by Mitch Kokai
Senior Political Analyst, John Locke Foundation
In pursuing health care reform, the 2010 federal law popularly known as ObamaCare focused on boosting the number of people with health insurance. Michael Barone‘s latest column asks an interesting question that ought to have been addressed before Congress approved the federal health law.
Does having health insurance make people healthier? It’s widely assumed that it does. Obamacare’s advocates repeatedly said that its expansion of Medicaid would save thousands of lives a year. Obamacare critics seldom challenged the idea that increased insurance coverage would improve at least some people’s health.
Now, out of Oregon, comes a study that casts doubt on the premise that insurance improves health. …
… Comparing three important measures – levels of blood sugar, blood pressure, and cholesterol — [the Oregon Health Study] found no significant difference after two years between those on Medicaid and those who were uninsured.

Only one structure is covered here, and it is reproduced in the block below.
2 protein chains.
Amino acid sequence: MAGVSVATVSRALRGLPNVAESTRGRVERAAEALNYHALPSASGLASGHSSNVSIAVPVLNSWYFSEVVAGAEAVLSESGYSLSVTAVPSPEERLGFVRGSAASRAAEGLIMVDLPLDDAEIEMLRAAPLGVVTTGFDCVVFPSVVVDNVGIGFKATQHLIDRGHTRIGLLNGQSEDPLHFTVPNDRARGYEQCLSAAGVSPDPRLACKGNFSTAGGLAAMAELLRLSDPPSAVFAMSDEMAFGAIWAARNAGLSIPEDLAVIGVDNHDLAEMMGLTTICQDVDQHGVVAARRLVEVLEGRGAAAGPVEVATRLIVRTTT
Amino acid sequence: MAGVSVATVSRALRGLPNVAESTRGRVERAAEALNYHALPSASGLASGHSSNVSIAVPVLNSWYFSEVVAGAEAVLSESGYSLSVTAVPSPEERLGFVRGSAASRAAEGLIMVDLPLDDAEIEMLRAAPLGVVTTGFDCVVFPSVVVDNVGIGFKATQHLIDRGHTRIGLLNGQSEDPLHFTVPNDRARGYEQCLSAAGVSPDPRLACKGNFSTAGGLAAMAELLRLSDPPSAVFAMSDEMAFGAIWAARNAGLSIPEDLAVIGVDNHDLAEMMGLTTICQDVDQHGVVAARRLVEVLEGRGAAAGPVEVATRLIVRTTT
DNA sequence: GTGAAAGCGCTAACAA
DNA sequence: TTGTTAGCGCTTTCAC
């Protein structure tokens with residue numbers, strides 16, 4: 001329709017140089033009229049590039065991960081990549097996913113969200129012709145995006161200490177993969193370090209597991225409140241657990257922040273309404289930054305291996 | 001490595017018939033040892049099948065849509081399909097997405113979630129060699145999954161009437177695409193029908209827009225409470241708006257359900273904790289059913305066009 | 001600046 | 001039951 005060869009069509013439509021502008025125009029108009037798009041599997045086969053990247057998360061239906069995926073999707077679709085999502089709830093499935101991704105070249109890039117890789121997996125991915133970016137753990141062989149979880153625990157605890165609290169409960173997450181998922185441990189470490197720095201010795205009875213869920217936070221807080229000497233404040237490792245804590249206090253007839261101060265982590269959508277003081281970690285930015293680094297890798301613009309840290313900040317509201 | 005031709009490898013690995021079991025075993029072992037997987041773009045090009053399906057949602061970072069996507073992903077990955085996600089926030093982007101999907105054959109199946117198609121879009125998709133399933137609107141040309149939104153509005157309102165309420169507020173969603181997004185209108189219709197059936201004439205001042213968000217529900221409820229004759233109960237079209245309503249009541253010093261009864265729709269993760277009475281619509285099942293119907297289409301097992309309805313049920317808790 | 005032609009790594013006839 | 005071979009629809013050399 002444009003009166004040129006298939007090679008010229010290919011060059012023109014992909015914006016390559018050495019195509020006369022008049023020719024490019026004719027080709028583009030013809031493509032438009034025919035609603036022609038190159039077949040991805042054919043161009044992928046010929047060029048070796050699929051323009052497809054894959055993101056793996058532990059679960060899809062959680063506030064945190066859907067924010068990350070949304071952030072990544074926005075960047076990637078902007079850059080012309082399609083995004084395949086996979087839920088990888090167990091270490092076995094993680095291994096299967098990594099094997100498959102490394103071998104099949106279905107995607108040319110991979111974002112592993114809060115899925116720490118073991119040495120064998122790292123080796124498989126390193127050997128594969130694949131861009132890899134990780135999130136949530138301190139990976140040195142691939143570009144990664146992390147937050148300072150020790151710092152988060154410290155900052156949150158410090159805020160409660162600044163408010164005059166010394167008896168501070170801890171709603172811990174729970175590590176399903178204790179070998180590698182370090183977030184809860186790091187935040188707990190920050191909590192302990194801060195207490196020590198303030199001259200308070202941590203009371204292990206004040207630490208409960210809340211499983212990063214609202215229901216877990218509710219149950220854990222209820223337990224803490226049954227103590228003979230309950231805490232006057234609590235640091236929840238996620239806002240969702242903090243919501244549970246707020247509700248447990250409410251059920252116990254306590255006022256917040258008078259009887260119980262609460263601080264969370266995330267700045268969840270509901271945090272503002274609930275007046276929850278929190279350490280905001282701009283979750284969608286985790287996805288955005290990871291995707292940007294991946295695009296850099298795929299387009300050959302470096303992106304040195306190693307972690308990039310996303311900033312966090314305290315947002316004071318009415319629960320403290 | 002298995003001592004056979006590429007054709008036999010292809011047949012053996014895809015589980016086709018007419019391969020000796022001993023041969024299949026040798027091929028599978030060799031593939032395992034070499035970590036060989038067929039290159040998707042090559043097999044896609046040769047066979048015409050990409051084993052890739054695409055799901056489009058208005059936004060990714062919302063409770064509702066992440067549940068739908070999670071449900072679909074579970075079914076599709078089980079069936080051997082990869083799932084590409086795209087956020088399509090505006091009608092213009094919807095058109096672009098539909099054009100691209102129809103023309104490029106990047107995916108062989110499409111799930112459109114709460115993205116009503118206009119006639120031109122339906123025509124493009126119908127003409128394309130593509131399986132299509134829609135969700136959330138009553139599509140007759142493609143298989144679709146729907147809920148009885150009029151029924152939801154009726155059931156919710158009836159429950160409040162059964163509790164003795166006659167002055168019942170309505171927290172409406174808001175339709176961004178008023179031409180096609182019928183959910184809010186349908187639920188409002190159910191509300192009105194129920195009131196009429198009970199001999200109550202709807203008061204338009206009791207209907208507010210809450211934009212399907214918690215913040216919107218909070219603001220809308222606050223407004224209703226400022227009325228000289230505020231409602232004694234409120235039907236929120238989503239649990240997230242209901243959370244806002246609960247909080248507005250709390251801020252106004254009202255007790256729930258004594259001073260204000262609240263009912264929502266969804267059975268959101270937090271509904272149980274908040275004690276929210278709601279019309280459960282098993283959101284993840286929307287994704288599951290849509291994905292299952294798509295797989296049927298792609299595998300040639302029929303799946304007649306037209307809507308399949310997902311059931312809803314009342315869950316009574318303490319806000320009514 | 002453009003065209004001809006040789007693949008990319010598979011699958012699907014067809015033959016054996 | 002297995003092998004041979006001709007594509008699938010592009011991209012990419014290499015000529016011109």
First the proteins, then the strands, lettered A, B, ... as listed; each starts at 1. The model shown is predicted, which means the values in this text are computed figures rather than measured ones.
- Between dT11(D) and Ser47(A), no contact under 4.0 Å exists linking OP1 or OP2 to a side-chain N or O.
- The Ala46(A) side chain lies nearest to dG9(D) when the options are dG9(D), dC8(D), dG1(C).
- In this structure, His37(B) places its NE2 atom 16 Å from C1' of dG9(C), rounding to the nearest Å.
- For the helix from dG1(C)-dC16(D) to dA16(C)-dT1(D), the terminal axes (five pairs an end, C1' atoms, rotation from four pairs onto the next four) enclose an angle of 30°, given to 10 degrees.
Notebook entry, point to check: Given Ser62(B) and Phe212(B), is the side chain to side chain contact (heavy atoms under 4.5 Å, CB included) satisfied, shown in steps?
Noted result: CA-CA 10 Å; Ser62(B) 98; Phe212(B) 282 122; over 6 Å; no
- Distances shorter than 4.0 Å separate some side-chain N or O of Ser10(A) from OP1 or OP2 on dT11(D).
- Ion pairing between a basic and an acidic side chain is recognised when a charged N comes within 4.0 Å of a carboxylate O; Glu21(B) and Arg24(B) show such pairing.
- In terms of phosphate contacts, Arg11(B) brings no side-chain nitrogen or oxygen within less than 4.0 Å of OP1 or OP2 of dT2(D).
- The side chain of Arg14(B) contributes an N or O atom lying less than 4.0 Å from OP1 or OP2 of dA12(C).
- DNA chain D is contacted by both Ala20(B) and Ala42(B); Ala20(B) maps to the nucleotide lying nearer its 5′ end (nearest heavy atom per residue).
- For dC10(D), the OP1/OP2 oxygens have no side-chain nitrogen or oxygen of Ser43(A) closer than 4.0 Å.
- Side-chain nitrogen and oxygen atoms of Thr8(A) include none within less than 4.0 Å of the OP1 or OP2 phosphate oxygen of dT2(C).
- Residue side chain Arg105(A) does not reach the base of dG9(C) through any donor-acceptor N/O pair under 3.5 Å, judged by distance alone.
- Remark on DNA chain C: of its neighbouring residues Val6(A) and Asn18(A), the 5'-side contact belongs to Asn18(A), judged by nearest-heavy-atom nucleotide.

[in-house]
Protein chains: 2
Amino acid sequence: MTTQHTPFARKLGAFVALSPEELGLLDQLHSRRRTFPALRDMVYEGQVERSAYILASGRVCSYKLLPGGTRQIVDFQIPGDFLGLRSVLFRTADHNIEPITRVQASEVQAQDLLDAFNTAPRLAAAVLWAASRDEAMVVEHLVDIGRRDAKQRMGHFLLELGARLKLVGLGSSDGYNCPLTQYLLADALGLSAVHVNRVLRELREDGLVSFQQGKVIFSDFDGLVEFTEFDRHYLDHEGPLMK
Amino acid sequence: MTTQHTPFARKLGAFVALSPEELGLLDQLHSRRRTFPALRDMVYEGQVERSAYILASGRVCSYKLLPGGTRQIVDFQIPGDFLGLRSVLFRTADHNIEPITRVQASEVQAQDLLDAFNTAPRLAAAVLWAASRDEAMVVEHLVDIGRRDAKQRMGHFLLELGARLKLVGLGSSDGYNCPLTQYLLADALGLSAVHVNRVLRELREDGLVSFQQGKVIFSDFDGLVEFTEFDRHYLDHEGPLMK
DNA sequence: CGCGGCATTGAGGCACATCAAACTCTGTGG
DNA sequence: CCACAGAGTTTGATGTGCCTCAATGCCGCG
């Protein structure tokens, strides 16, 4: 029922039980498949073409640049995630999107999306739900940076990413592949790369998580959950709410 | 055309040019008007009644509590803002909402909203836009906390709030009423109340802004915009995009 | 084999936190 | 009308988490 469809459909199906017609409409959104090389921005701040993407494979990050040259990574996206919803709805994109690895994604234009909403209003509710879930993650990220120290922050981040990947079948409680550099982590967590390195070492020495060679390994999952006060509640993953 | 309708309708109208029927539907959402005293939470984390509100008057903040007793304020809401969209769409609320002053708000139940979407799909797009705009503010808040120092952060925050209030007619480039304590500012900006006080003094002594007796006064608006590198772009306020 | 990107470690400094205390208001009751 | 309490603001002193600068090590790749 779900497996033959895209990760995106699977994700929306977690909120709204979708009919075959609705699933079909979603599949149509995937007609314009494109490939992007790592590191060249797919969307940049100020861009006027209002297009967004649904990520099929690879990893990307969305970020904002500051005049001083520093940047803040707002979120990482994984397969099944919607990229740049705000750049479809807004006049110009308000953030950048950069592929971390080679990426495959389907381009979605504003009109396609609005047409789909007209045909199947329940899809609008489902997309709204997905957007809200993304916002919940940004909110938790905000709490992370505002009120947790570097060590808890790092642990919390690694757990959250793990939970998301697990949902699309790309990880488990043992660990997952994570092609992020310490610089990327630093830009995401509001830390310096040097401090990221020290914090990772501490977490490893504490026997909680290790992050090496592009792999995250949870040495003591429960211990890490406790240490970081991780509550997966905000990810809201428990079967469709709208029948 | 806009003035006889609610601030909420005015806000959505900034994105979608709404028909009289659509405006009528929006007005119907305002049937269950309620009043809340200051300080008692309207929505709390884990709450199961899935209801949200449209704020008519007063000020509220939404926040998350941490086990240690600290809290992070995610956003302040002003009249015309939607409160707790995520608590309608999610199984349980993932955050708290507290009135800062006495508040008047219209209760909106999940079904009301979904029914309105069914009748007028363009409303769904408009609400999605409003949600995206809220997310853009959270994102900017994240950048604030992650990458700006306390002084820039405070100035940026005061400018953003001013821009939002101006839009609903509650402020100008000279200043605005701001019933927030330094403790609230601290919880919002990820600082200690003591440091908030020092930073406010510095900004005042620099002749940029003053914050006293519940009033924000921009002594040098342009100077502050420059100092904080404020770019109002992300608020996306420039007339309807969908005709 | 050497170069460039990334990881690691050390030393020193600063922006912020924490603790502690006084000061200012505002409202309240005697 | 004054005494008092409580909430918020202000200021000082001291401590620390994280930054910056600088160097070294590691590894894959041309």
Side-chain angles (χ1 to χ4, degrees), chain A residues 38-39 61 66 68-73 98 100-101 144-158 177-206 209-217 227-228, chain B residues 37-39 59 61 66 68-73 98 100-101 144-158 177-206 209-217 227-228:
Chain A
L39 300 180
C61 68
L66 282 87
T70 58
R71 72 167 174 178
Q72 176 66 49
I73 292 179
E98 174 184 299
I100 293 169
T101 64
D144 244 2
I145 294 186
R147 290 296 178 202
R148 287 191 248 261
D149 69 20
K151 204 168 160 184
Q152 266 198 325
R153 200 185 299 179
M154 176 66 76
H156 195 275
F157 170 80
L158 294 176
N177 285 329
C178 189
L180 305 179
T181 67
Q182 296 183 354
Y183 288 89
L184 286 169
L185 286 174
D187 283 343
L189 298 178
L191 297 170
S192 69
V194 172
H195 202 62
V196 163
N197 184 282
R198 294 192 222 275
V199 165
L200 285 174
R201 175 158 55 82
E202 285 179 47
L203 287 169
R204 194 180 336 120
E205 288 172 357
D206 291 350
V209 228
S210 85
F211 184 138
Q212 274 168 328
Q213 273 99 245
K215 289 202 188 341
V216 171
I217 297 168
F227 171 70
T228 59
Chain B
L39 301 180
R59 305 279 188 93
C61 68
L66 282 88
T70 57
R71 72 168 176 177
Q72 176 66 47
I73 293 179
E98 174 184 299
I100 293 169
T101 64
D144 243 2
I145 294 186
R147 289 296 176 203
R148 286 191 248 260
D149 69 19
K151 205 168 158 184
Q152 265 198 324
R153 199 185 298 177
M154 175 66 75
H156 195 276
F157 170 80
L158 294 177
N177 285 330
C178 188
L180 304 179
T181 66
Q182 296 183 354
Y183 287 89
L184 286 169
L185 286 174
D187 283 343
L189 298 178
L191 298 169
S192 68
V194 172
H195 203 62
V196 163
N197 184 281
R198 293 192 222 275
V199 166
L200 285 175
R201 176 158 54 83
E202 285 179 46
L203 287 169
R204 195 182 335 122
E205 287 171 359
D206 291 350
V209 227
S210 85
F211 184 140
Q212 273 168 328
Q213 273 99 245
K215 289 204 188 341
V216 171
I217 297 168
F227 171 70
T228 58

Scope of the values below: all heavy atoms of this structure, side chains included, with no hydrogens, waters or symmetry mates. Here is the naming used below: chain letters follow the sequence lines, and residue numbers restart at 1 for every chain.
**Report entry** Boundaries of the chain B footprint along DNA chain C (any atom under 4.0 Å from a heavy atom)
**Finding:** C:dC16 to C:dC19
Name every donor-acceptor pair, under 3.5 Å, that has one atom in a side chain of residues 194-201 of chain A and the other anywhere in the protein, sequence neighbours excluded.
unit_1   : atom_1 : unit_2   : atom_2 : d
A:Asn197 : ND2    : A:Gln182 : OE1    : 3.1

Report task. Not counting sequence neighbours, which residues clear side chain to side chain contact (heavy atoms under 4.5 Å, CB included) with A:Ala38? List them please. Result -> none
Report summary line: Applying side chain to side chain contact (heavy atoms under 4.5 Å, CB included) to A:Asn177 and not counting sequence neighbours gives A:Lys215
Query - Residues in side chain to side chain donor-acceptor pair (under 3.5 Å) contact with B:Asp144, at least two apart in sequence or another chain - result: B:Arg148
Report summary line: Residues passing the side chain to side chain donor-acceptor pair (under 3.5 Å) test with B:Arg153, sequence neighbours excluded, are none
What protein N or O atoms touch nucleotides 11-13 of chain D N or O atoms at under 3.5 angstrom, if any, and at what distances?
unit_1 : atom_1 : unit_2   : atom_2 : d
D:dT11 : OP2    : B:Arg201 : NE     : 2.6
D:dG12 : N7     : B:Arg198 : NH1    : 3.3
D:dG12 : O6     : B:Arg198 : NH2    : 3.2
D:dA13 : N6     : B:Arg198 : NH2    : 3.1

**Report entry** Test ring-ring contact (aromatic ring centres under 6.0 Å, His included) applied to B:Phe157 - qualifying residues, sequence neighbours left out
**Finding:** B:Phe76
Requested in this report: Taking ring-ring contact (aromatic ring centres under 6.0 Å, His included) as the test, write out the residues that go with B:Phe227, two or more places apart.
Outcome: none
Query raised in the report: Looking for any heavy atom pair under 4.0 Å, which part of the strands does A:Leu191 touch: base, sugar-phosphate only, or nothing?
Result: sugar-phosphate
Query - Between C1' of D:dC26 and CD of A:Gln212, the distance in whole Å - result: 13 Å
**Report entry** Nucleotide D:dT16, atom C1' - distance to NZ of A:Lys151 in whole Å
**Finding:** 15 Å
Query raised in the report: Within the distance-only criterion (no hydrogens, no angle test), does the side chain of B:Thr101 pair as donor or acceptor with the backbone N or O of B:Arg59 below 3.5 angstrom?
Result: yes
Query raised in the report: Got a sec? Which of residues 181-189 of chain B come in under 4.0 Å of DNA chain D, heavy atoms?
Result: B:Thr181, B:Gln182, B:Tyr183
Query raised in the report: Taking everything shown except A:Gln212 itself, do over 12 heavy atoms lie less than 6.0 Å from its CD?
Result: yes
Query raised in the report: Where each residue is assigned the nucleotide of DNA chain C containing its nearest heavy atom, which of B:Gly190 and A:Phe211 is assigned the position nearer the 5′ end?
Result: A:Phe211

It did find lower levels of reported depression among the group on Medicaid. And it found, unsurprisingly, that they did save significant money. Those findings may not be unrelated.
The findings have serious implications for Obamacare: Half of its predicted increase in insurance coverage comes from expansion of Medicaid. Obamacare supporters have assumed that those eligible for Medicaid — poorer, sicker, and less steady in habits than the general population — would have great difficulty getting health care without insurance. The Oregon Health Study is evidence that, at least in that state, Medicaid-eligible people without insurance — a “pretty sick” population, one state official said — nevertheless managed somehow to get care that produced results about as good as those who won the lottery.